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Kindly therapist Alan Strauss takes on a patient, Sam Fortner, who later kidnaps him and chains him up in his basement. Sam is desperate to curb his enthusiasm for serial killing, and he demands the good doctor make a — permanent? — house call to try to help him.
The Office and Minions star Steve Carell plays Dr. Strauss (Alan), while powerhouse Irish actor Domhnall Gleeson (Ex Machina, Unbroken, and the Harry Potter and Star Wars movie franchises) goes toe-to-toe with him as the frantic Sam (who sometimes uses the alias Gene).
David Alan Grier (In Living Color and a Tony winner for A Soldier’s Play) plays Alan’s former therapist Charlie, and the series was created by Joel Fields and Joe Weisberg, who also created one of the best and most underrecognized TV dramas of all time, The Americans.
Steve Carell may always be most associated with his role as sometimes obnoxious, sometimes endearing paper company boss Michael Scott or the voice of Gru in Minions, but this 10-episode psychological thriller features his best performance to date.
It begins with the first minute of the terse, 21-minute premiere, in which Alan wakes up in a strange room in a strange bed, and panics only when he gets out of the bed and realizes he’s chained to the floor next to it. No amount of yanking on the chain nor screaming towards the sliding glass doors of the room are going to set him free, especially once he learns why he’s there. His patient “Gene” has brought him to his home in a secluded woodsy area because he wants Alan’s help. “Gene” was a fake name; he’s actually Sam, and what Sam had revealed to Alan in his office sessions was a vague, partial story. It’s true that Gene had been horribly abused as a child by his father, but when he told Alan the consequences of that abuse are that he is unhappy and antisocial, he failed to mention that he’s also a serial murderer. He often becomes obsessed with violent vengeance against people who he feels have wronged him, and thanks to a book of Alan’s he read — and the few office sessions they had that left Alan to conclude he could only help Gene if they could be open and honest with each other — Sam decides his basement is the only place that can happen. So he kidnaps Alan from his home.
This sets off a tense back and forth, and two stellar performances that are largely set in Sam’s sparsely decorated basement. The setting, and more importantly the storyline’s almost singular focus on Alan and Sam, make us feel like we’re watching a two-man play, a riveting production that is much more intimate than the usual therapist/patient television scenes.
Despite the nearly impossible task before him and the stakes of that task (Alan is trying to save his own life while also trying to keep Sam from killing anyone else in the process), the therapist can focus in on his goals and makes a sincere effort at treating Sam. Here we see, or rather hear, a particularly powerful and effective bit of voicework from Carell. He trains Alan’s voice to remain meticulously soothing and nurturing in his daily chats with Sam, when we see in other moments, alone in his basement prison, he is rattled, terrified for himself and the others he knows Sam will likely kill.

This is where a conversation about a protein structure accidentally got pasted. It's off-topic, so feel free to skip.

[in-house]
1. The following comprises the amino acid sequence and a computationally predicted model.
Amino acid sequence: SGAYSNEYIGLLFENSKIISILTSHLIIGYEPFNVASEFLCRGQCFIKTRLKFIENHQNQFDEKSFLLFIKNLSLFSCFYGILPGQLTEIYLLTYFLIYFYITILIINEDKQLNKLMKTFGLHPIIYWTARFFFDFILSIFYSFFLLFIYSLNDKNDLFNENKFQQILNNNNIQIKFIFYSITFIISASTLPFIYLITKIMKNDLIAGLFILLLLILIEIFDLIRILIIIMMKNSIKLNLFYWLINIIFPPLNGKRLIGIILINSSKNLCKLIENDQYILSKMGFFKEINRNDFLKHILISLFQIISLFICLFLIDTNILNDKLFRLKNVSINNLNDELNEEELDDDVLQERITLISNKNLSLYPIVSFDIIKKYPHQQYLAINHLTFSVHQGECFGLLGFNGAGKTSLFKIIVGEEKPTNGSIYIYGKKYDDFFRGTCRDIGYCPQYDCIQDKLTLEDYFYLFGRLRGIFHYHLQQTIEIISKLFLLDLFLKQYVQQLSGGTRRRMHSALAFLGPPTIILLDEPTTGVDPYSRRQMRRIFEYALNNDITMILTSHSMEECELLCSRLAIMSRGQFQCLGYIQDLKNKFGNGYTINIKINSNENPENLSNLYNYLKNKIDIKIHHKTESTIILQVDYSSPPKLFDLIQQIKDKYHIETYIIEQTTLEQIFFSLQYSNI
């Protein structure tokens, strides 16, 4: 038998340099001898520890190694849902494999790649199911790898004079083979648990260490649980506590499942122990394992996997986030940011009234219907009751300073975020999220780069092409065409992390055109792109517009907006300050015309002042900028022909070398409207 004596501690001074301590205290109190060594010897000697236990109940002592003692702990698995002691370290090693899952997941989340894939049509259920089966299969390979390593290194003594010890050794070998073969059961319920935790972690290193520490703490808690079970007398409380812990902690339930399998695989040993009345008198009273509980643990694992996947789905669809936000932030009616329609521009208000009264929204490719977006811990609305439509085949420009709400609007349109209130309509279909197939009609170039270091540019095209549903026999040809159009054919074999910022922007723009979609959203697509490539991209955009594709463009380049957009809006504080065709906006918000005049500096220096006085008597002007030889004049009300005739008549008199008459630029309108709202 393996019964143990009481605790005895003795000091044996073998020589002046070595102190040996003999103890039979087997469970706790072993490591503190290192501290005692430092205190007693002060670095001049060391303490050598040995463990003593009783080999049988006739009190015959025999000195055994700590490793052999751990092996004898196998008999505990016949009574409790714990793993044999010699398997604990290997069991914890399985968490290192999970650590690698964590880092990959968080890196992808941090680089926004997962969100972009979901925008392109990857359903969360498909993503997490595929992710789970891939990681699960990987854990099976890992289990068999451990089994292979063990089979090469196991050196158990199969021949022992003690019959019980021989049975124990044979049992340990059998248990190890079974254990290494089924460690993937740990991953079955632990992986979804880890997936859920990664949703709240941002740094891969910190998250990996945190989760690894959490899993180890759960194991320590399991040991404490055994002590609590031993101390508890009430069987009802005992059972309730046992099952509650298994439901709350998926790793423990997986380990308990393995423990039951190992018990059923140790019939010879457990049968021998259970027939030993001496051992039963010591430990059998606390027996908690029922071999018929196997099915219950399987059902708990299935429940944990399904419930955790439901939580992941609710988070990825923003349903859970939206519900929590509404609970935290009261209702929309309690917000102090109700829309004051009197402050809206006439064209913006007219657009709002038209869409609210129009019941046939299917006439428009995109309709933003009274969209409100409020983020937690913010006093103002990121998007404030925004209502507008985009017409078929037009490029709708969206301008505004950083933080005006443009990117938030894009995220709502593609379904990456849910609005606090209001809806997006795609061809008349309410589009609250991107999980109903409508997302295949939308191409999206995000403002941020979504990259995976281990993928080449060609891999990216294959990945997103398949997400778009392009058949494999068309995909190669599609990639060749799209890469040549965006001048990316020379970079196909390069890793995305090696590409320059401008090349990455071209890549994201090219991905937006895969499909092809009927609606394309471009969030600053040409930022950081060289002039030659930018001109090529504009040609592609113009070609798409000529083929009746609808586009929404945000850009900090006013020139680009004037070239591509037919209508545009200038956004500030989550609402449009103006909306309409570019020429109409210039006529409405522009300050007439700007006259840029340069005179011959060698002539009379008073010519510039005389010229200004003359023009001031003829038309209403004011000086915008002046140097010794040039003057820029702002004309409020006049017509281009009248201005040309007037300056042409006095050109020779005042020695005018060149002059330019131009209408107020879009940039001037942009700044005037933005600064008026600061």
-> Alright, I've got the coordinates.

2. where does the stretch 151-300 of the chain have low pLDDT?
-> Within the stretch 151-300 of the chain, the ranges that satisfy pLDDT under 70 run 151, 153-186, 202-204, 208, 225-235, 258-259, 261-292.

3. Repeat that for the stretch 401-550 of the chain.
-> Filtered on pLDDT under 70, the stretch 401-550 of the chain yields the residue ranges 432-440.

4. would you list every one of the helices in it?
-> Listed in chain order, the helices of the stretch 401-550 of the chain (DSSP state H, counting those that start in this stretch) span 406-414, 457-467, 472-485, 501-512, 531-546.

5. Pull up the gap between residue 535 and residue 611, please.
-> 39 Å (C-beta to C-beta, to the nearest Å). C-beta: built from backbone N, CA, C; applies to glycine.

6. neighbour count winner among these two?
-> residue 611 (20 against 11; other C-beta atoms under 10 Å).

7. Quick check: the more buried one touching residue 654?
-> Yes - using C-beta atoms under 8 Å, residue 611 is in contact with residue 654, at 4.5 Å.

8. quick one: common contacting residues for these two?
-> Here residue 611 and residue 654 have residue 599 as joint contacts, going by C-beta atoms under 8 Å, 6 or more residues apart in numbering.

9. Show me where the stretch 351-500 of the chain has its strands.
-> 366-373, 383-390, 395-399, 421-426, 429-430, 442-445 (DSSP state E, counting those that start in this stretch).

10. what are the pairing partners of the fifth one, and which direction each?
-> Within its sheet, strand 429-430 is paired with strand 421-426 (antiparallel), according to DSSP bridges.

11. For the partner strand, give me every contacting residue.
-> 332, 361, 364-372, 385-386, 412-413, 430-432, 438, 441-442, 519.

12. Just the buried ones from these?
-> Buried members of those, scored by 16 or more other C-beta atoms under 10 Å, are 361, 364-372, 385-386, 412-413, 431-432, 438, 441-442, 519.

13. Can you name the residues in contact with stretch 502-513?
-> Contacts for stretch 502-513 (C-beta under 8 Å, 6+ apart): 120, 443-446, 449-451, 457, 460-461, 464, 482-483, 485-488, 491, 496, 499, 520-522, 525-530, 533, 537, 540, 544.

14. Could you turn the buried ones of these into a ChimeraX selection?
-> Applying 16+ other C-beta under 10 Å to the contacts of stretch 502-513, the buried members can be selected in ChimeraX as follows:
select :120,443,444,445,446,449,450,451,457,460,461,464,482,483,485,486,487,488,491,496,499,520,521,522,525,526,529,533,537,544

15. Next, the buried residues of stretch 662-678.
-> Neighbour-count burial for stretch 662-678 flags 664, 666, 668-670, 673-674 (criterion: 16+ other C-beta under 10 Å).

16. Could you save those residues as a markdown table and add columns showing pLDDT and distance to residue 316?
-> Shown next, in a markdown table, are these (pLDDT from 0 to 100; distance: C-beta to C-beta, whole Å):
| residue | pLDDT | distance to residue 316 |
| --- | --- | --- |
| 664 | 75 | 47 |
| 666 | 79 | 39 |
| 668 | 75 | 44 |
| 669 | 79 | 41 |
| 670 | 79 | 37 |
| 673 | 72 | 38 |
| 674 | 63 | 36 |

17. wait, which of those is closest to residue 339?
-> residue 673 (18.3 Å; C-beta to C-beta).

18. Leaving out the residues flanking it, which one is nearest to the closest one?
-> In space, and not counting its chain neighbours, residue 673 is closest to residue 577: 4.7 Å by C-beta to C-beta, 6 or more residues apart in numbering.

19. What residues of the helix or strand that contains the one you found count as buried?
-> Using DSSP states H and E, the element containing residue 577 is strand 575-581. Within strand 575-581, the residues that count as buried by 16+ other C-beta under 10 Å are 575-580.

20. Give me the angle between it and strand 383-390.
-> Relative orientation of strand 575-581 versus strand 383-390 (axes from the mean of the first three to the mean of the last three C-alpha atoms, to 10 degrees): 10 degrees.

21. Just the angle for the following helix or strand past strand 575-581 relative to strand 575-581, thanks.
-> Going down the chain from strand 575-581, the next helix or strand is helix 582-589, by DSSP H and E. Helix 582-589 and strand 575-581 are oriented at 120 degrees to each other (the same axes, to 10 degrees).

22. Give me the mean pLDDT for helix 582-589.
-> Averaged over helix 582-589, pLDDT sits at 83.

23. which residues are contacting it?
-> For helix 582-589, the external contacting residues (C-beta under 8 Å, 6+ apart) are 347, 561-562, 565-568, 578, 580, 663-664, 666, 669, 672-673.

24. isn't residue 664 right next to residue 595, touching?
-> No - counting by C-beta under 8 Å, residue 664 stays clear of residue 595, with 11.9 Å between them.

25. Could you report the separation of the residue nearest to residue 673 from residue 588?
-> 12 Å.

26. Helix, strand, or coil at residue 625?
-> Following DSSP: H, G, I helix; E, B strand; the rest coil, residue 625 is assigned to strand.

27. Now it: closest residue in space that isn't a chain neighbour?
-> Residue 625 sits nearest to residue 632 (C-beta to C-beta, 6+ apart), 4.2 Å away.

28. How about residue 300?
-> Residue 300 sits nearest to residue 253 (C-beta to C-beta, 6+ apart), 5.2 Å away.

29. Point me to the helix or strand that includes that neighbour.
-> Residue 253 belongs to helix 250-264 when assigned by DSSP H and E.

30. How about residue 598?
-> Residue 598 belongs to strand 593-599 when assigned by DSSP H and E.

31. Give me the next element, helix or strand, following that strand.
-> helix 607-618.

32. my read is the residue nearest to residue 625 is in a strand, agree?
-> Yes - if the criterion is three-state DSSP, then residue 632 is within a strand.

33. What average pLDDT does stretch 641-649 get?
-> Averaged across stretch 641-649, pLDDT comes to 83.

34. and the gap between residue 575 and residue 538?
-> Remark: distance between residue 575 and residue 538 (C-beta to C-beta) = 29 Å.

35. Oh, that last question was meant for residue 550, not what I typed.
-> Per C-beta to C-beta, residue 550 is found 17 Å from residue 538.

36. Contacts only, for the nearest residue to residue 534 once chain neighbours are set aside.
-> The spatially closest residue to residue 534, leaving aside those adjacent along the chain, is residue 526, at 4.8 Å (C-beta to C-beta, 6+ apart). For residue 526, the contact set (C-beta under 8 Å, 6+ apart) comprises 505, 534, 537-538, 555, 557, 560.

Several subplots pepper Alan and Sam’s stories, including two that add to Alan’s determination to make it out of Sam’s house alive: he is grieving his recently deceased wife, and he wants to make amends with his son, Ezra, and Ezra’s family. Ezra, Alan, and his wife had been alienated from each other after Ezra converted to Orthodox Judaism and embraced a more conservative outlook. With his wife gone, Alan feels responsible for bringing their family back together, no matter how unlikely it may seem that he can escape Sam’s clutches.
And about Sam: what makes his story so compelling, in addition to Fields’ and Weisberg’s fine writing and the oddly endearing, yet still plenty creepy portrayal by Gleeson, is that this is truly a psychological thriller. There are some moments of physical violence, but they come well after we’ve spent the slow build to an understanding of what makes Sam who he is, allows him to do what he does, and what pushes him to want to stop, too. This focus on the why instead of a focus on the details of how is what permits us to hope there is an out for Alan, and, somehow, maybe even Sam.
The Patient is a sharply-written character study and tense thriller propelled by a pair of Emmy-worthy performances, delightfully unbloated run times (several episodes are less than 30 minutes long), and the perhaps heartbreaking hope against hope that the story will not end tragically.
Your favorite fellow fans of premium TV drama who have so many other shows on their watchlists that they will especially appreciate a smart, gripping experience that unfolds in just ten half-hour episodes.
Sam is a big fan of country music superstar Kenny Chesney and his “No Shoes Nation,” and Chesney gave the production permission to use his music in episodes.
Where to find it: Hulu